To be honest, I wasn’t very impressed by the film. I enjoyed the outlandish characters and the parody on courtly romance, but nothing stood out to me as particularly noteworthy. Whenever I am disappointed by a hyped work, I convince myself that I’m missing something: Fans are seeing something that I’m just not seeing. But before re-watching the film, I thought to read William Goldman’s book. I have been inspired in the past to re-watch a movie because of the book (ex. The Lord of the Rings movies).

The first thing that struck me about the book was the frame narrative. The preface establishes the story as an abridgment of a larger European satire of the same name. A fictional William Goldman recounts his childhood love for S. Morgenstern’s book. His father read it to him for the first time while he was recovering from Pneumonia. But William was concerned that his son Billy would find the many asides and descriptions boring. William, himself, had always felt that those sections of Morgenstern’s book were unnecessary to the plot. Hence, the frame narrator’s decision to produce an abridgment of The Princess Bride. Multiple times in the story, our fictional William Goldman intervenes to tell the reader how he has edited the original work and the reasons for his edits. The frame narrative is much more prominent in the book than in the movie. I prefer the book’s metatextual elements for the questions they raise about the purpose of storytelling.

I was also surprised by William Goldman’s fictional persona. He is not a very likable character. William is the quintessential racist,misogynistic white male author. He is self-absorbed, dislikes his wife, and is absent from his son’s life. At first, the casual racism and misogyny were quite off-putting, but I am now convinced that the real William Goldman very consciously included those elements in order to parody aspects of the literary industry. The real author does not have a son, and his wife is not a psychiatrist.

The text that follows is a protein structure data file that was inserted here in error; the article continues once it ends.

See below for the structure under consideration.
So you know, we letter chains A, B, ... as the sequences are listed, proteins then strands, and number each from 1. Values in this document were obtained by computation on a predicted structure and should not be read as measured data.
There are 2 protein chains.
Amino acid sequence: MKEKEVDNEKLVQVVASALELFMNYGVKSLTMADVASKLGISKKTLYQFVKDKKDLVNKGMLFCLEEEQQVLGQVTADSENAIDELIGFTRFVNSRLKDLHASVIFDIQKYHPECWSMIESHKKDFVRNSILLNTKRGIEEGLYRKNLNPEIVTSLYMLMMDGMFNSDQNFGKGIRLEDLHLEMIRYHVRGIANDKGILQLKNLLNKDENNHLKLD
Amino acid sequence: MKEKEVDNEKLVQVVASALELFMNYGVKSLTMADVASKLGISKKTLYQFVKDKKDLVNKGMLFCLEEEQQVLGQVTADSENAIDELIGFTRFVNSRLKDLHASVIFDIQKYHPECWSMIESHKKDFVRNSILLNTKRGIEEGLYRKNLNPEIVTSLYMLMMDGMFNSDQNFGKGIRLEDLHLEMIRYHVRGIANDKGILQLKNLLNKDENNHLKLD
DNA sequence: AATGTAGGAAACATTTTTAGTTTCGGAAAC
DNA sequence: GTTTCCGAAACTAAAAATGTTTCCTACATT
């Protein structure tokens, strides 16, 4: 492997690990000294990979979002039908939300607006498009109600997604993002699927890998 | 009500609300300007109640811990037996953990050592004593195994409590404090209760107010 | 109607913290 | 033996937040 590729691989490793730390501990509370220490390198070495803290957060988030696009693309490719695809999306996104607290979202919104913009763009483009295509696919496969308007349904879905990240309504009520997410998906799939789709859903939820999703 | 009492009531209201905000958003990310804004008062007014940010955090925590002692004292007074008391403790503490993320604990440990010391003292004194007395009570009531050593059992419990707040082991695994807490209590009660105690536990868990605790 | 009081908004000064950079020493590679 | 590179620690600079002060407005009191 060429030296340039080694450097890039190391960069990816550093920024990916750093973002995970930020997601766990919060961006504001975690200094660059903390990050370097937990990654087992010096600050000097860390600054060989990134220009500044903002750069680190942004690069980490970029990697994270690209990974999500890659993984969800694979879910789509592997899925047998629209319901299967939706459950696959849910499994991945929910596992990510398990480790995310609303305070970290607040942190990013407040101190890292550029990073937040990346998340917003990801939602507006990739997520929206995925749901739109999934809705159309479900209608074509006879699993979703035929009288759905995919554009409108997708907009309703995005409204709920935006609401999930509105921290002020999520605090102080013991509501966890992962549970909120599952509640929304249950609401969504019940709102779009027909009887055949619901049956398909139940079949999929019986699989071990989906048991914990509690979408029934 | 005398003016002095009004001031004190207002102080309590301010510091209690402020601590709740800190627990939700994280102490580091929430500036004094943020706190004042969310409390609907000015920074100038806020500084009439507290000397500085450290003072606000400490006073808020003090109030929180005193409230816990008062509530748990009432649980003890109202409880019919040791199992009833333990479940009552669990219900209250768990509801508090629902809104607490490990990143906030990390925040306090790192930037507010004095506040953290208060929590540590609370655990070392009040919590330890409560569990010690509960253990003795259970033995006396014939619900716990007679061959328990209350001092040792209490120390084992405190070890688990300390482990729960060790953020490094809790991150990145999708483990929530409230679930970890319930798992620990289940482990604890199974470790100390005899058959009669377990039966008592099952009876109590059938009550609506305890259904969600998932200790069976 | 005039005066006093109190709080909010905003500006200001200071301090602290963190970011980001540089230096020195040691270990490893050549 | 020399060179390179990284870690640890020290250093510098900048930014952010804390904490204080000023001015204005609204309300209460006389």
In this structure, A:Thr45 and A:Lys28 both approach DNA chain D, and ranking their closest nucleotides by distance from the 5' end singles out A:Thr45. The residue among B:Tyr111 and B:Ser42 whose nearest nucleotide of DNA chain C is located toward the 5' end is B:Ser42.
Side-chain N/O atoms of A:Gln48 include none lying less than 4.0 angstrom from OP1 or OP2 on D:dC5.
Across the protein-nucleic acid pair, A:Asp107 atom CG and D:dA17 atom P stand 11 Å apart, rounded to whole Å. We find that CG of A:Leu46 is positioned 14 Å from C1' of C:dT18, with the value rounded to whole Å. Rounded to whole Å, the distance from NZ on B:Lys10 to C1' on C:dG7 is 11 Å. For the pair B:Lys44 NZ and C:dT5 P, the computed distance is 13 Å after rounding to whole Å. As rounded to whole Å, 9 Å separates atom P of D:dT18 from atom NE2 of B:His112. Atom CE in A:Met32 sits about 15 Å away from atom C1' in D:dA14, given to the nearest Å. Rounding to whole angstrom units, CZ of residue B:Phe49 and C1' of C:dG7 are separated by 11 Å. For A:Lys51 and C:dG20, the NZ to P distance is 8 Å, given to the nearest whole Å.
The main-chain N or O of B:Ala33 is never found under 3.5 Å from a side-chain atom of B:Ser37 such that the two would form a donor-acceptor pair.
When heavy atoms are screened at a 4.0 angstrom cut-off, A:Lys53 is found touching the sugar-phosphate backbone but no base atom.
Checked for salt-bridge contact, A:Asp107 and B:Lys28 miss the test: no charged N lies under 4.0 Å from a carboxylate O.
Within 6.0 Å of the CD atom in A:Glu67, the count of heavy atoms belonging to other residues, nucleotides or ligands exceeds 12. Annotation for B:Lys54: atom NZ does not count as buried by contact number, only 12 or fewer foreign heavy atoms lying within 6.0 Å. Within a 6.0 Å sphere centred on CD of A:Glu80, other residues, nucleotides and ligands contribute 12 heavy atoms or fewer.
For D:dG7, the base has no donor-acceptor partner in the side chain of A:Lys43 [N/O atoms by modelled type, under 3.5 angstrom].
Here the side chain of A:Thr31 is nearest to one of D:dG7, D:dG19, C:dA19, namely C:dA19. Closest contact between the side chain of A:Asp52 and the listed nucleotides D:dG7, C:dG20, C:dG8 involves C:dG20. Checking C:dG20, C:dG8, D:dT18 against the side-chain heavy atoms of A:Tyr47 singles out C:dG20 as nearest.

The Princess Bride is the perfect book to read when sick. It is fast-paced and laugh-out-loud funny. Westley’s bad-ass persona is even more apparent in the book than the movie. He leaves Buttercup as a lowly farm boy, but develops some insane fighting skills in no time. Vizzini, Fezzik, and Inigo have the most interesting backstories. I recall not being able to keep the characters straight in the movie. Thankfully, they are more distinct in the book. Not once did I feel that the narrator’s interjections or character backstories undermined the general action of the story.

And yes, Inigo does give his famous line – about a dozen times.

There’s something quite Rabelaisian about the novel. I was surprised and entertained by the outrageous violence and occasional vulgarity in the novel. The narrator presents The Princess Bride as a story for children, but it is clearly written for adults. I’ve never laughed so hard while reading about torture!

I will certainly be rewatching the film adaptation in the near future. I will be paying close attention to how the film follows or modifies the book because William Goldman also wrote the screenplay for the movie. The next time I’m sick or unable to sleep, I will pick up A Princess Bride. It’s the perfect escapist read.